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Prestigious annual FNB Art Prize awarded to Peju Alatise

Nigerian artist, Peju Alatise, has been announced as the 2017 recipient of the highly coveted FNB Art Prize at the media launch of the tenth instalment of the FNB JoburgArtFair.

Alatise joins the ranks of previous winners such as Nolan Oswald Dennis, Turiya Magadlela, Portia Zvavahera and Kudzanai Chiurai. She receives a cash prize as well as the opportunity to create a new project that will be showcased in a dedicated exhibition space at the FNB JoburgArtFair this September. Alatise – who holds a degree in architecture – is a mixed-medium artist, poet and published writer whose interdisciplinary work has garnered attention on the global art stage. She was selected as the 2016 fellow at the Smithsonian Institute of African Art and exhibited at the Venice Biennale’s 57th edition. With several international solo exhibitions to her name, Alatise’s work can be found in private and institutional collections around the world. She’s passionate about addressing social, political and gender-related issues as her primary subject matter, through artistic work that also captures the joys and pain of womanhood in modern-life-African traditions. Mari Van Niekerk, Senior Communication and Sponsorship Manager at FNB, says that the FNB Art Prize honours exceptional artistic talent and, at the same time, provides many local and international opportunities beyond the Fair, often resulting in a springboard that catapults the artist’s career to a higher level. 

FNB JoburgArtFair

“There is a great need to continue investing in artists that tell us more about ourselves, and art in this sense is a commodity that isn’t simply a good financial investment, but a social dialogue that enables us to reflect. Our decade of continued support of the FNB JoburgArtFair is recognition of the varied roles that art plays in our society, from being a form of expression which offers a much deeper and intrinsic look at the world around us, to an alternative investment option. Our commitment to the FNB JoburgArtFair continues to ensure that in the years to come, we will continue to introduce African artists to an international audience, galleries, collectors, writers, thinkers and art lovers,” says Van Niekerk. All galleries participating in the FNB JoburgArtFair are given the opportunity to nominate one of their artists for consideration by the jury. This year, Red Door Gallery – one of the leading galleries based in Lagos – nominated Peju Alatise for the prize. Red Door’s founder, Bola Asiru says, “Peju’s work is filled with strong societal narratives on the realities of life in Africa; her message has been heard in West Africa, at the Smithsonian in the United States and the Venice Biennale in Europe. We feel that it’s time for this message to be taken to the rest of Africa and there is no better platform for this than the FNB JoburgArtFair.”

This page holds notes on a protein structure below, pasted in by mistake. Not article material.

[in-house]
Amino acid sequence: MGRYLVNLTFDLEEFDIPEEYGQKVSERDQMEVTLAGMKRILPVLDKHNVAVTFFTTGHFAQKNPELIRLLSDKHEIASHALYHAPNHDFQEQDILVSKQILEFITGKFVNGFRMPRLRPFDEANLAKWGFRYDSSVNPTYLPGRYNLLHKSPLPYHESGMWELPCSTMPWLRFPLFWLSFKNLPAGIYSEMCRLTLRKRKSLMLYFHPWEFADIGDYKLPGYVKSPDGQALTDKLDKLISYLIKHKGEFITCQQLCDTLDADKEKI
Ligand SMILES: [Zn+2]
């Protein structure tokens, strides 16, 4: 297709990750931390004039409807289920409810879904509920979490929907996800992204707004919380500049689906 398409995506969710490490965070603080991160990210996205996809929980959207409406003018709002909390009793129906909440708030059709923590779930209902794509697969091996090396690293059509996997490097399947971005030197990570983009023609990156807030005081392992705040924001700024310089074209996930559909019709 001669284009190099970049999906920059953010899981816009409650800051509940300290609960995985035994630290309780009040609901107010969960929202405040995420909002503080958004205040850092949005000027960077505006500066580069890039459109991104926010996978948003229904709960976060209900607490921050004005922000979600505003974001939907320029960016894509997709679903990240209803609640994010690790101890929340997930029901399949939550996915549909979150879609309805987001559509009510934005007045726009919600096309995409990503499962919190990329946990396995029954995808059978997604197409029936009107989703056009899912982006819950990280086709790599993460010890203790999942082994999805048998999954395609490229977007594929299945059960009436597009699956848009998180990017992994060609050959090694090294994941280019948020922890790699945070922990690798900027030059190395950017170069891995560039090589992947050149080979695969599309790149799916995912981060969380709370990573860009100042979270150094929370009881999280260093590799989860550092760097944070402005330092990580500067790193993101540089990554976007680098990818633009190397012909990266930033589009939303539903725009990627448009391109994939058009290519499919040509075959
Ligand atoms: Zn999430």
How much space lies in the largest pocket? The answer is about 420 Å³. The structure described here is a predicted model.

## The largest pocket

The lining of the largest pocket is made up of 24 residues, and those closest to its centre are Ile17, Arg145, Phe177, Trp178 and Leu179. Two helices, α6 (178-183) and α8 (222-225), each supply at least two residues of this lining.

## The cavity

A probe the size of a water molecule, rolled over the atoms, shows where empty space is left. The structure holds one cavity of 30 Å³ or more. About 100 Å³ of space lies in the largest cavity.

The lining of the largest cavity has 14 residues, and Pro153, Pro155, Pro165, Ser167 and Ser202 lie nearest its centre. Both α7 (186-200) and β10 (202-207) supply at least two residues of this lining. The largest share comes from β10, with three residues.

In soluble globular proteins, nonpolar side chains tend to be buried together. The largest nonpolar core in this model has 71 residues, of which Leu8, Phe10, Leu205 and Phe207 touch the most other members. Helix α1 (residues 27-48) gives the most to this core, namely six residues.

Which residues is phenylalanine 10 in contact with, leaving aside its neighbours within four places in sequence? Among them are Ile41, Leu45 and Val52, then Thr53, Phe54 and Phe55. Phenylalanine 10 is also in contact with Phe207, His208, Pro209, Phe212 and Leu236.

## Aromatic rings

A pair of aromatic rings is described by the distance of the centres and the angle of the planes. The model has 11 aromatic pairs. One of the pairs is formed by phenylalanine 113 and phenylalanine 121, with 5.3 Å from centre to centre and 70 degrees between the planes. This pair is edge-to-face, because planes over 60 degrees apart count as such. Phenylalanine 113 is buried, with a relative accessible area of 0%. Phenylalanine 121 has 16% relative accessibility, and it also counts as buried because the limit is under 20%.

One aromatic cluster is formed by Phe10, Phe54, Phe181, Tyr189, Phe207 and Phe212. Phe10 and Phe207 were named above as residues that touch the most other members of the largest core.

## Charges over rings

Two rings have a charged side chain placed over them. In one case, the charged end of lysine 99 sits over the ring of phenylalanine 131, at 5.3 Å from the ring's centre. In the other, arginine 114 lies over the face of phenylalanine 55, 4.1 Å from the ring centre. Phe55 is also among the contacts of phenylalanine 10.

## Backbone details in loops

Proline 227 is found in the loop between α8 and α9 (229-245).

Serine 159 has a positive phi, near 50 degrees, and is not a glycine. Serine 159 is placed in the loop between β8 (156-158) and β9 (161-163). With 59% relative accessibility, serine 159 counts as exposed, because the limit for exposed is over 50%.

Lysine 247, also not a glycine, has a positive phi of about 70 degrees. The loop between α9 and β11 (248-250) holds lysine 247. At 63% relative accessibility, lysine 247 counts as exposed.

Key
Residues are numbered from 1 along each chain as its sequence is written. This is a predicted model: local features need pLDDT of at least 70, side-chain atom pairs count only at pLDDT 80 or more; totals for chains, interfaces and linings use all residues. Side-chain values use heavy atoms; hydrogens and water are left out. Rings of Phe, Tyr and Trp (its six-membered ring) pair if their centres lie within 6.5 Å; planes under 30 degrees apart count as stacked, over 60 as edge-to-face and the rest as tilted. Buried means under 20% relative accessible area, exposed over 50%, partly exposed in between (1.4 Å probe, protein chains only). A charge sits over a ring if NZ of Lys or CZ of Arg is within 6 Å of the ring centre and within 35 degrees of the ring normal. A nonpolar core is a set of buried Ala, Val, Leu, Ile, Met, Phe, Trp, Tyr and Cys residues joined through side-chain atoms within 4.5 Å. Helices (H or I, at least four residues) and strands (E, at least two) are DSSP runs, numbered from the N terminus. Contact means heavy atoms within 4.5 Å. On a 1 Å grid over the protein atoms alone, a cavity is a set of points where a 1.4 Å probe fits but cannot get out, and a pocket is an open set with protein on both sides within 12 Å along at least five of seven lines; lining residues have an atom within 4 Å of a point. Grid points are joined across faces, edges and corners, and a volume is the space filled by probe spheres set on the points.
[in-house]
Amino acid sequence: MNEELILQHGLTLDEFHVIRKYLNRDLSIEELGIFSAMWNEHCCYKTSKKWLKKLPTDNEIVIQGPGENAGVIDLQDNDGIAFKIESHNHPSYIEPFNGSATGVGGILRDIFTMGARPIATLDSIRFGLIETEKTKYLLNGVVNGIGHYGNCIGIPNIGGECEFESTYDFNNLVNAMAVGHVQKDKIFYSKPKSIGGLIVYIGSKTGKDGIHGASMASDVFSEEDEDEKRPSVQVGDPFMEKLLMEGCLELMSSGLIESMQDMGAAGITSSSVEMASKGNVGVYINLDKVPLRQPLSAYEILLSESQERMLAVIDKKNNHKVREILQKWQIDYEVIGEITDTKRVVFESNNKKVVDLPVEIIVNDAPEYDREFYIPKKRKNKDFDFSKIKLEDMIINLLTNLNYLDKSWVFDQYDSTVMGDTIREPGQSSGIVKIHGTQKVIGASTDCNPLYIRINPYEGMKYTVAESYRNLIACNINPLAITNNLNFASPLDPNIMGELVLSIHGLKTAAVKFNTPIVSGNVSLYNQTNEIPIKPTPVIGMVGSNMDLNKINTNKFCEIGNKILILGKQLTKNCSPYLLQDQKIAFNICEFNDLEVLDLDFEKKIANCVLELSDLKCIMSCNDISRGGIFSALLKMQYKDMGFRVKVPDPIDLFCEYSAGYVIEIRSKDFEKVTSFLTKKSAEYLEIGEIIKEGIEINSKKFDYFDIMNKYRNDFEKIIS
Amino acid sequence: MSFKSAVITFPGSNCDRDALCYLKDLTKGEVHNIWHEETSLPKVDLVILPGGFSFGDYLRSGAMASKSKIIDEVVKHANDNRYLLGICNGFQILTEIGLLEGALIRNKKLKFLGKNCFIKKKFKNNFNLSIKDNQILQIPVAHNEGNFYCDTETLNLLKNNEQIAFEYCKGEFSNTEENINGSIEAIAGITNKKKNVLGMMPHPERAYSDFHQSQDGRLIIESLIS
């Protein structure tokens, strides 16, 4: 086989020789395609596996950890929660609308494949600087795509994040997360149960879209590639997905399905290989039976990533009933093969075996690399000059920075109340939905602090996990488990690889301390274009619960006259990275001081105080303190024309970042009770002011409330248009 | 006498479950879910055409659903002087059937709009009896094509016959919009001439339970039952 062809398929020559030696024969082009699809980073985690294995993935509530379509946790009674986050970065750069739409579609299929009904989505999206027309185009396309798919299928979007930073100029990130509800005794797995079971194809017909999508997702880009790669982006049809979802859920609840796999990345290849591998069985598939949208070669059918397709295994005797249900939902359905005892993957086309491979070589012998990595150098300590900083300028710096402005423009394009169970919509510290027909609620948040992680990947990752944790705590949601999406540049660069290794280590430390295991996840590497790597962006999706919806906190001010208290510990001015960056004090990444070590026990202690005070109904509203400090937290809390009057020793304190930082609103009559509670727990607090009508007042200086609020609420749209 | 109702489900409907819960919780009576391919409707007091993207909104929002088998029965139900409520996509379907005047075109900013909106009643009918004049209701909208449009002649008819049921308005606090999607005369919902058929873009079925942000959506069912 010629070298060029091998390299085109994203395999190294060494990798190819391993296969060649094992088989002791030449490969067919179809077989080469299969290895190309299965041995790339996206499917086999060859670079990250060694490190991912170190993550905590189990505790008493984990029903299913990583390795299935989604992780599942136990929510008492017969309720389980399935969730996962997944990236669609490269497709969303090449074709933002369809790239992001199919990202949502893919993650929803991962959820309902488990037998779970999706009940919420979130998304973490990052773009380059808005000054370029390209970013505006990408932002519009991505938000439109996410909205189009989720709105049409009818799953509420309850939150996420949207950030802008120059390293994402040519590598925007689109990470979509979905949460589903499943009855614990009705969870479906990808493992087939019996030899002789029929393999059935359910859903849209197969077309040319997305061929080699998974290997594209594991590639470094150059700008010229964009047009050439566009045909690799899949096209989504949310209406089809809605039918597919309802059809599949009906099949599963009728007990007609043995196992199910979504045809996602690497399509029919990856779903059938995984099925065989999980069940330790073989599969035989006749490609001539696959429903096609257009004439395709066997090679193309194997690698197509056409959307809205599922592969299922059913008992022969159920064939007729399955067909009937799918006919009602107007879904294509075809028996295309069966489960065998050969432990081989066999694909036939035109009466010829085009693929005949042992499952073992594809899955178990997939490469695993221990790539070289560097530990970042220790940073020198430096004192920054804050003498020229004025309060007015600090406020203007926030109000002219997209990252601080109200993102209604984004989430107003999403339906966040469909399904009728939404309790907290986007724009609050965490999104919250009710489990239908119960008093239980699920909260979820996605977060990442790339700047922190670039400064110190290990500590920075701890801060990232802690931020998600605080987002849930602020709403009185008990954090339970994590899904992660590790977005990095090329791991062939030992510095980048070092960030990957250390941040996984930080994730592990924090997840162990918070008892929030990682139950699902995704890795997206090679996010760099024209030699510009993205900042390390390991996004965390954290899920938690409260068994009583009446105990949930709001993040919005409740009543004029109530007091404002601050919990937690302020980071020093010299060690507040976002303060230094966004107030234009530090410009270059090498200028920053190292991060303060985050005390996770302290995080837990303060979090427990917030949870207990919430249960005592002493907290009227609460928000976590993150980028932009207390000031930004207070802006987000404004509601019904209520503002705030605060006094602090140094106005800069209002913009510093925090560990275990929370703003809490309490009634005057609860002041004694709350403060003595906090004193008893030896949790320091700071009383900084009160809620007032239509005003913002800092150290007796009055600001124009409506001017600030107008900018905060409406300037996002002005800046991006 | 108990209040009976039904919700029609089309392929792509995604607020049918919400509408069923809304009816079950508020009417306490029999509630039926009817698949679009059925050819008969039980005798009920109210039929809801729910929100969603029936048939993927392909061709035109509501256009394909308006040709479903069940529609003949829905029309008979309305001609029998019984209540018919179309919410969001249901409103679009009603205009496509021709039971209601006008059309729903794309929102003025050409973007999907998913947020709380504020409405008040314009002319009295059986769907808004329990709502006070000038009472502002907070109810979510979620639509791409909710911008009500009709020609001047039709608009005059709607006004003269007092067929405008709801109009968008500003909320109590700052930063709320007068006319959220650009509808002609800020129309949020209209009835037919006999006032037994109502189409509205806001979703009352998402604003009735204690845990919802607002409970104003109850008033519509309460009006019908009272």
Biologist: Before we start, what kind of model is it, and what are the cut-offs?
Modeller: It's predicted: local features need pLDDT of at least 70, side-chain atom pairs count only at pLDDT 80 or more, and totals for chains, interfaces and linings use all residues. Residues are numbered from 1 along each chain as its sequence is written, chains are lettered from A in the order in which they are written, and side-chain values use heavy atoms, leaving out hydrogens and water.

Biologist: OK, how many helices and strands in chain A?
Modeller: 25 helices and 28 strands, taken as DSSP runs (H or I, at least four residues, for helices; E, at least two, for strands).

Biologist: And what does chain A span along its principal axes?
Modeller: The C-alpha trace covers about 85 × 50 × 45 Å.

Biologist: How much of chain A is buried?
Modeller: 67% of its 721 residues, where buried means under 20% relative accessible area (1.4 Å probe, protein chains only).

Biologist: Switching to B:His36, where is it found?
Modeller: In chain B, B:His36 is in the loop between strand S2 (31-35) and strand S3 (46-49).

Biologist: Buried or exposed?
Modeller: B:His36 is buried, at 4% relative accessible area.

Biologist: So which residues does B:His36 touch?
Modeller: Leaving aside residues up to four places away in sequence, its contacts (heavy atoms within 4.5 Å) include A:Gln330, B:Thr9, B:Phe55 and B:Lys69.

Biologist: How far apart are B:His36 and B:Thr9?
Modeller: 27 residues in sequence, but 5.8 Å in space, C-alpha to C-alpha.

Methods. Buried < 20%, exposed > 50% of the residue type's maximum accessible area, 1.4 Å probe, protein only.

FNB JoburgArtFair

The 2017 judging panel for the coveted FNB Art Prize consisted of Nicole Siegenthaler, Producer of FNB JoburgArtFair, Pulane Kingston, partner at Webber Wentzel Attorneys and active patron of the arts and RosaLee Goldberg, New York University professor and Founding Director of Performa, a non-profit arts organisation committed to the research, development and presentation of performance by visual artists from around the world. “The quality of each of the shortlisted candidates’ proposals this year was high,” says Pulane Kingston, “but we were ultimately unanimous in our decision around Alatise’s proposal – it stood out. The innovative, universal social relevance and poignancy in the themes underpinning her work were some of the deciding factors in tipping the scales in her favour. The overall body of her work over the years is varied and compositionally strong, palpably reflecting the intense vibrancy of the African continent. We have no doubt that the integrity of the overall body of her work will propel her career meaningfully.”

FNB JoburgArtFair

Artist biography

Peju Alatise has become one of the most powerful and widely recognised contemporary artists living and working in Lagos. Through the last decade, her ever-evolving practice has consistently held audiences in awe. The exquisite nature of her technique produces an encounter between what is sense and what is known— as a material means to examine Nigeria’s shifting order of visibility within the global landscape. Among her extensive resume highlights her recent experiences as a researcher at the Smithsonian Institute in D.C, as an art teacher in Venice, and as artist resident in Morocco and Turkey. She is one of three exhibiting artists in the Nigerian pavilion at the ongoing 57th Venice Biennale of which her exhibit, Flying Girls is described as “…technically beautiful and haunting at the same time.” From her initial training as an architect to her experiments with an incredibly broad spectrum of media—from words to clay and cloth—she has positioned herself as a demiurge. That is to say, she has the ability to unearth multiple layers of meaning (and often violent historical memories) from beneath the surface of everyday objects, language, and social relations. Crafting alternative social imageries and challenging master narratives in politics and media, her trajectory sharply illustrates how artists in Africa are filling in the gaps left by official histories.

For more information about the FNB JoburgArtFair have a look at these articles:

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